There is level 2 evidence (from one RCT; De Ridder et al. 2005) that, compared to conventional poly vinyl catheters, hydrophilic catheters may be associated with fewer UTIs, but not necessarily urethral bleeding.

    There is level 2 evidence (from two RCTs; Cardenas & Hoffman 2009; Cardenas et al. 2011) that use of hydrophilic versus non-hydrophilic catheters are associated with fewer symptomatic UTIs treated with antibiotics even though the number of symptomatic UTIs are similar between groups.

    There is level 2 evidence (from one prospective controlled trial, one case control study, and one case series study; Joshi & Darouiche 1996; Nwadiaro et al. 2007; Afsar et al. 2013) that intermittent catheterization may lead to a lower rate of UTI as compared to other bladder management techniques such as use of indwelling or suprapubic catheter.

    There is level 3 evidence (from one case control study; Nwadiaro et al. 2007) that bladder management with a suprapubic as opposed to indwelling catheter may lead to a lower rate of UTI and reduced mortality in a poor, illiterate population where intermittent catheterization may not be viable as an approach to bladder management.

    There is level 2 evidence (from one RCT; Darouiche et al. 2006) that use of a Statlock device to secure indwelling and suprapubic catheters may lead to a lower rate of UTI.

    There is level 2 evidence (from one prospective controlled trial; Gilmore et al. 1992) that removal of external condom drainage collection systems at night or for 24 hours/day might reduce perineal, urethral or rectal bacterial levels but have no effect on bacteriuria.

    There is level 4 evidence (from one case series; Ku et al. 2005) that no bladder management method is advantageous in preventing pyelonephritis (though indwelling urethral catheterization does have the highest incidence of upper tract deterioration). However, the presence of reflux results in a 2.8 fold higher incidence of pyelonephritis.

    There is level 1b evidence (from one RCT and two pre-post studies; Darouiche et al. 2005; Hull et al. 2000; Prasad et al. 2009) that bacterial interference in the form of E. coli 83972 bladder inoculation may prevent UTIs.

    There is level 1b evidence (from one RCT and one pre-post; Darouiche et al. 2011; Trautner et al. 2007) that bacterial interference in the form of E.coli HU2117 bladder inoculation may prevent UTIs.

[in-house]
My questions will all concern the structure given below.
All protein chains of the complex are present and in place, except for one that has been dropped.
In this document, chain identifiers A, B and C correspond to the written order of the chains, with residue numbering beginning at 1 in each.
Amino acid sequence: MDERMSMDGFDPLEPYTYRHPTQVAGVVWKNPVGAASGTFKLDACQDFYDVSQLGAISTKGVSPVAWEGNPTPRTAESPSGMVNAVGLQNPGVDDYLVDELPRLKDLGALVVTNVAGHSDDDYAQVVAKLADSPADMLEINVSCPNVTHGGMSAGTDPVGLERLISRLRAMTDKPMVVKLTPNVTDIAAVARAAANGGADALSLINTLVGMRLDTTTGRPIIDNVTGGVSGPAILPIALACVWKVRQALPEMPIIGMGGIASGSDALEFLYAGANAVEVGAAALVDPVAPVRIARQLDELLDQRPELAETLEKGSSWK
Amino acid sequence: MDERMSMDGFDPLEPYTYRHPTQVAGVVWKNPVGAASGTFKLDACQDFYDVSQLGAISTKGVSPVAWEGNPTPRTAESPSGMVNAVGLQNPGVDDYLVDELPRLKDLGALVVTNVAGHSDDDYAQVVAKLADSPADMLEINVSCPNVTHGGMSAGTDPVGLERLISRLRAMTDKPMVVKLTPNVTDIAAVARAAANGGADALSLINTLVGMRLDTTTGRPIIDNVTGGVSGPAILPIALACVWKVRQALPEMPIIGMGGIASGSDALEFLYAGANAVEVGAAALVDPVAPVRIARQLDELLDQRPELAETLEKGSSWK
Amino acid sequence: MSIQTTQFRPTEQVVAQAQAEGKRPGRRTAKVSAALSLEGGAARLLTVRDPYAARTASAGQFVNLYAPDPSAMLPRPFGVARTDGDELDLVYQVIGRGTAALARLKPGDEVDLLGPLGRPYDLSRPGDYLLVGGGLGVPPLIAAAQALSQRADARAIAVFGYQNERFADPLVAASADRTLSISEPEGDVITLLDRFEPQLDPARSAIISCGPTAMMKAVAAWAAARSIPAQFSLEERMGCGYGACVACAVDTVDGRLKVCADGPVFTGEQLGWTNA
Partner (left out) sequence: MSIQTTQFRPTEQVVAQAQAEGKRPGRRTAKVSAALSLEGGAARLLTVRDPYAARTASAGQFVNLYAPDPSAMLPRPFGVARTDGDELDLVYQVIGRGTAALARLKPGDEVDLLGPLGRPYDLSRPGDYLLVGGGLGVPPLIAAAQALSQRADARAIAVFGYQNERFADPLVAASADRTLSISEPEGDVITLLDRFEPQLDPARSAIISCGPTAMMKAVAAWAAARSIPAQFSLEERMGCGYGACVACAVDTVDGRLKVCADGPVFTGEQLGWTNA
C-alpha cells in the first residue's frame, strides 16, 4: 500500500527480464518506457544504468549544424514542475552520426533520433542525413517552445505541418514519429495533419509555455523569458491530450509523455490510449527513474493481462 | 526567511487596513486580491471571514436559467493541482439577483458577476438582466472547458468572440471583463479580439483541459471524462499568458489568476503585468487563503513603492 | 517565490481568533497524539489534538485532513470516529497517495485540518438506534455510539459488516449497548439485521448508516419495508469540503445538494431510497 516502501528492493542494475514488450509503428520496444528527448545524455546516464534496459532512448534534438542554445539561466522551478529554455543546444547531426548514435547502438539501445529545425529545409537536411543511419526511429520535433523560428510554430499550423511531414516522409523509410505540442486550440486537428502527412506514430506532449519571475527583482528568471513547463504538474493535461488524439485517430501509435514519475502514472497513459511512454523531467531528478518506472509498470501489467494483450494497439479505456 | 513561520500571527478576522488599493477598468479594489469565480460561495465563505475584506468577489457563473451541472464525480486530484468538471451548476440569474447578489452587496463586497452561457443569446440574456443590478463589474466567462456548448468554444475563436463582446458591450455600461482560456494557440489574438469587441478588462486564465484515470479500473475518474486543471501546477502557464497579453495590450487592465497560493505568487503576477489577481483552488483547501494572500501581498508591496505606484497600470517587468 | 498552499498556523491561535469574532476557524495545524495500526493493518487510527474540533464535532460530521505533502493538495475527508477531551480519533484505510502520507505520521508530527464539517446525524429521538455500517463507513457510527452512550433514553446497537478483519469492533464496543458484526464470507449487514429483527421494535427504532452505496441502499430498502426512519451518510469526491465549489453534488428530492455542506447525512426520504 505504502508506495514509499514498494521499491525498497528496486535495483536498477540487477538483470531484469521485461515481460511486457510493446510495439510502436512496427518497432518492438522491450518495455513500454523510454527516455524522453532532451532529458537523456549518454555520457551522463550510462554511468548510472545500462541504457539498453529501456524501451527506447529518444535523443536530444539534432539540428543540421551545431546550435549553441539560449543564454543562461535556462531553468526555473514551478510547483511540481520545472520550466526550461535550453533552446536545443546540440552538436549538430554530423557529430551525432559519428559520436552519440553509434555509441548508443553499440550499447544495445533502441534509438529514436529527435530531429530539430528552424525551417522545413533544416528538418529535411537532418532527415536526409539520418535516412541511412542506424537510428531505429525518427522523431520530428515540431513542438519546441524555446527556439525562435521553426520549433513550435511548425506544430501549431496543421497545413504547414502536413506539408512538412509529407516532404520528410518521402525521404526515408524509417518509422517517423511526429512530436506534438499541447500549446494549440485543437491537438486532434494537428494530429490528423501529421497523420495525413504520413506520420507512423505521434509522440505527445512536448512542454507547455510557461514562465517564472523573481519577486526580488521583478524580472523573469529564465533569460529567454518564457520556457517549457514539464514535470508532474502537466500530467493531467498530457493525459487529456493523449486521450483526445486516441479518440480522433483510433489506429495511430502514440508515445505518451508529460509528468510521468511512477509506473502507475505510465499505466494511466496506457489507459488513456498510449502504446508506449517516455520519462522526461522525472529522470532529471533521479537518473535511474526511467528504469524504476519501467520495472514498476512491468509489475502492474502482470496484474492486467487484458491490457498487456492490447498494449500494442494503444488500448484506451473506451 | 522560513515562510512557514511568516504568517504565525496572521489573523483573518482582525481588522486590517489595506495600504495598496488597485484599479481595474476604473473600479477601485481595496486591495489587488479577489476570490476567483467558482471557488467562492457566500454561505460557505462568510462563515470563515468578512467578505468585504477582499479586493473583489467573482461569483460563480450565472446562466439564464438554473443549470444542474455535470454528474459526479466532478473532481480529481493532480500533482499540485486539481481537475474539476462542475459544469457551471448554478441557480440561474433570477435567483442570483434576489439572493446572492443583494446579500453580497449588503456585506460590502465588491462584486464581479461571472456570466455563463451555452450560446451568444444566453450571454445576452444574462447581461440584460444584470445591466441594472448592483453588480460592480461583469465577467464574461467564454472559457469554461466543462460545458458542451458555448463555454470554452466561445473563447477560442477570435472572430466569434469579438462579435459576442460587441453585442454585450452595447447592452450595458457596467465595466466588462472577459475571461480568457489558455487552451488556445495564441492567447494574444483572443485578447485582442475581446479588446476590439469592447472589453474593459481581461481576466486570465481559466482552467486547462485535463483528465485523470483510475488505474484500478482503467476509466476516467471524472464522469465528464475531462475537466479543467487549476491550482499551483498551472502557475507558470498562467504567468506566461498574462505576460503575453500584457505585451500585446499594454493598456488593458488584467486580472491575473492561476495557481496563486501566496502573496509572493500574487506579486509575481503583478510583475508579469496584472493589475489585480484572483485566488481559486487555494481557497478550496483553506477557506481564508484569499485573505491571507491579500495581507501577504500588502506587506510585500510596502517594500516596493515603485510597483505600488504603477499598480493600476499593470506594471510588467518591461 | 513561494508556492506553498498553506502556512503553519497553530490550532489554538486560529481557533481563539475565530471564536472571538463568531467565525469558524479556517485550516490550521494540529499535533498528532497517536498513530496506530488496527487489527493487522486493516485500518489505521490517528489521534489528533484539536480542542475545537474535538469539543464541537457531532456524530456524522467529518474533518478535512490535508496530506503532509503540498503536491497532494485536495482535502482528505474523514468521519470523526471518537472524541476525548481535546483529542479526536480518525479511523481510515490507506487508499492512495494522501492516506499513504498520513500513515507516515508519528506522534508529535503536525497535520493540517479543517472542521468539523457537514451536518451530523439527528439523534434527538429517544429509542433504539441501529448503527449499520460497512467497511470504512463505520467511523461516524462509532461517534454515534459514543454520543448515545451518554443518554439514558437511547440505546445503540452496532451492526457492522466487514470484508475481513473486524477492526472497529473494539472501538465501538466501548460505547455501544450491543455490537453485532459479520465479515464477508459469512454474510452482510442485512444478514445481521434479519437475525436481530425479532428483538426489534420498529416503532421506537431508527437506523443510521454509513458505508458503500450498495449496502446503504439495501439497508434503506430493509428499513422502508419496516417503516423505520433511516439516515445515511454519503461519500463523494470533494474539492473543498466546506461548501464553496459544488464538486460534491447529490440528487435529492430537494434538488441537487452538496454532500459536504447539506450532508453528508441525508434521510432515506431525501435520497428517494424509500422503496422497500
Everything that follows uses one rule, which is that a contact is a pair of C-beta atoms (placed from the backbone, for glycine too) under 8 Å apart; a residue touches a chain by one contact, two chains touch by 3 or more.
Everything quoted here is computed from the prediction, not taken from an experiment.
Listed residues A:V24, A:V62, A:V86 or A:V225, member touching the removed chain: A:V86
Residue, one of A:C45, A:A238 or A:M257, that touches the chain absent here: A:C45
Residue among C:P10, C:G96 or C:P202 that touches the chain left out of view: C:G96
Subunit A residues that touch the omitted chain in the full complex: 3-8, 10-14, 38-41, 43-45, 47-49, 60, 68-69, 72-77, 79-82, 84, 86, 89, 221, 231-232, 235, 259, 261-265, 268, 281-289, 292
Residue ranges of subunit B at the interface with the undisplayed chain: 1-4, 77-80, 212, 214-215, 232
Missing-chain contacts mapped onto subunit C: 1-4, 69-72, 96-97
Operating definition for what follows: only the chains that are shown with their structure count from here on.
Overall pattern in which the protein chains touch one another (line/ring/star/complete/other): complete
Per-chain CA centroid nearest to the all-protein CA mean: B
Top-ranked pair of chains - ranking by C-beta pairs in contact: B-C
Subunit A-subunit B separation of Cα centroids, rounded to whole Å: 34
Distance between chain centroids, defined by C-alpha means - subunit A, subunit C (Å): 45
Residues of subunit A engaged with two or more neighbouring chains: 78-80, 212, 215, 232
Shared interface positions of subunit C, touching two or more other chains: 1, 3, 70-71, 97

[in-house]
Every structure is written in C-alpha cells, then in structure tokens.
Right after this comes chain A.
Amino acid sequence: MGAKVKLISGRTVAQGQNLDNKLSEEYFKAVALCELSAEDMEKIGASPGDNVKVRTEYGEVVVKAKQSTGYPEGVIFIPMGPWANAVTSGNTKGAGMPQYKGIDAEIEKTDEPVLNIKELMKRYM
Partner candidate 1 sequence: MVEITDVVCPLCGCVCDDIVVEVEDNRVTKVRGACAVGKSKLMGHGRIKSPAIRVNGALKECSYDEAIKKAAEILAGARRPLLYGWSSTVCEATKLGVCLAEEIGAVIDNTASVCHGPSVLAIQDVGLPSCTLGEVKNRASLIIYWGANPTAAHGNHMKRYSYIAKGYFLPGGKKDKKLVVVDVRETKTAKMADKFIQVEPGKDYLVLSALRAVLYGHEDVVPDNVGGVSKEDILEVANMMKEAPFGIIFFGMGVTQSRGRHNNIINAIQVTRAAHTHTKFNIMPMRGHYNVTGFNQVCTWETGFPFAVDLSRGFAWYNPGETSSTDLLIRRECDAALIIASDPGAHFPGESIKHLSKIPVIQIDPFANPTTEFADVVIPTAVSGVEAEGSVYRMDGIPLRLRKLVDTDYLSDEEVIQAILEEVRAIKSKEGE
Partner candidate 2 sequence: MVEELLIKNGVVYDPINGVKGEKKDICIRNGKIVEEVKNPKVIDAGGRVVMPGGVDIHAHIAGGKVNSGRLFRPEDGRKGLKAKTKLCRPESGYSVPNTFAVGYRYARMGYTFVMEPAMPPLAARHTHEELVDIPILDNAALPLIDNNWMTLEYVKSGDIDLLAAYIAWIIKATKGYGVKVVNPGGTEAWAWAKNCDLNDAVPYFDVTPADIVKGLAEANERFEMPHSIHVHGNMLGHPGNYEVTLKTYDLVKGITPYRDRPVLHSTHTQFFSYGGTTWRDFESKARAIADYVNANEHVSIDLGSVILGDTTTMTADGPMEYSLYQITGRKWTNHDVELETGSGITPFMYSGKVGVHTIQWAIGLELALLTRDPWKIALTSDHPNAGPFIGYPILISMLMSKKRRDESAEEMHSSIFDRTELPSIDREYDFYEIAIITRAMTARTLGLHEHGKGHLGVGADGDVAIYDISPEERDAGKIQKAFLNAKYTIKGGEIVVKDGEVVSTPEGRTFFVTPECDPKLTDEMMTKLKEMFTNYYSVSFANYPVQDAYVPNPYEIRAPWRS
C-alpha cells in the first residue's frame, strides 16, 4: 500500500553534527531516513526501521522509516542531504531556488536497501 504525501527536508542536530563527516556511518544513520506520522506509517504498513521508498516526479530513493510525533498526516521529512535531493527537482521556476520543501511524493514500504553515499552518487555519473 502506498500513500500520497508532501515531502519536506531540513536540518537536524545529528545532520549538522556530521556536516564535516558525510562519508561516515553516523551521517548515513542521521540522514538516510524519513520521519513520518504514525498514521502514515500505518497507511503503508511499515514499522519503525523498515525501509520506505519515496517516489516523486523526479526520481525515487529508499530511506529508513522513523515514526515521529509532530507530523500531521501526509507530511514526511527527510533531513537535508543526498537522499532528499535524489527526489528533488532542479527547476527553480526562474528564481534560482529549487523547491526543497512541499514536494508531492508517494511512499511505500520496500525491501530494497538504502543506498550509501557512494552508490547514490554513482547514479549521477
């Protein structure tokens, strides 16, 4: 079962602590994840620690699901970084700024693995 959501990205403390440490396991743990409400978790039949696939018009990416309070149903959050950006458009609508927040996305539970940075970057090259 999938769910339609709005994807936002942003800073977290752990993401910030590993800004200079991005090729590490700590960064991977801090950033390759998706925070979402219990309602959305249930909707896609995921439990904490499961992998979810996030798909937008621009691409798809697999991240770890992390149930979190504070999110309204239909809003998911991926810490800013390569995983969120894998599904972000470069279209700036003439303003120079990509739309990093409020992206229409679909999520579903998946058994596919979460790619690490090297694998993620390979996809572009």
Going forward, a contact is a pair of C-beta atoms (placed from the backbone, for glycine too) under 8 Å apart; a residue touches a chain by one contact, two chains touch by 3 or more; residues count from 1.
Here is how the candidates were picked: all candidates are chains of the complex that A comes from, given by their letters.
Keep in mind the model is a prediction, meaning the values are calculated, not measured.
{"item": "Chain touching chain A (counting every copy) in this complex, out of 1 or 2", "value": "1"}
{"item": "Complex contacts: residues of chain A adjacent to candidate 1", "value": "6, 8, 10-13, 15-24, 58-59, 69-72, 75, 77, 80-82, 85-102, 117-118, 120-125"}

There is level 1b evidence (from one RCT; Biering Sorensen et al. 1994) that low-dose, long-term ciprofloxacin may prevent symptomatic UTI.

    There is level 1b evidence (from one RCT; Gribble & Puterman 1993) that TMP-SMX as prophylaxis may reduce symptomatic UTI rates although conflicting findings were obtained from two prospective controlled trials (Sandock et al. 1995; Reid et al. 1994b). The potential for emergence of drug resistant bacteria and TMP-SMX related adverse events further limit the potential use of TMP-SMX for prophylaxis.

    There is level 4 evidence (from one pre-post study; Salomon et al. 2006) that suggests weekly oral cyclic antibiotic use, customized as to individual allergy and antimicrobial susceptibility, may be effective for UTI prevention in SCI patients, and UTI reduction in pregnant patients.

    There is level 2 evidence (from one RCT; Sanderson & Weissler 1990a) that daily body washing with chlorohexidine and application of chlorhexidine cream to the penis after every catheterization versus using standard soap reduces bacteriuria and perineal colonization.

    There is level 1b evidence (from one RCT; Waites et al. 2006) that bladder irrigation with neomycin/polymyxin or acetic acid is not effective for UTI prevention.

    There is level 2 evidence (from one RCT; Castello et al. 1996) that bladder irrigation with ascorbic acid is not effective for UTI prevention.

    There is level 4 evidence (from one pre-post study; Schlager et al. 2005) that phosphate supplementation is not effective for UTI prevention.

    There is level 2 evidence that bladder irrigation with trisdine (RCT; Pearman et al. 1988), kanamycin-colistin (RCT; Pearman et al. 1988) or a 5% hemiacidrin solution combined with oral methenamine mandelate (2 mg four times daily; RCT; Krebs et al. 1984) may be effective for UTI prevention.

    There is level 1b evidence (from one RCT; Lee et al. 2007) that oral methenamine hippurate, either alone or in combination with cranberry, is not effective for UTI prevention.

    There is level 4 evidence (from two pre-post studies; Jia et al. 2013; Game et al. 2008) that 300 U botulinum toxin type A may reduce UTIs among individuals with neurodestrusor overactivity post SCI.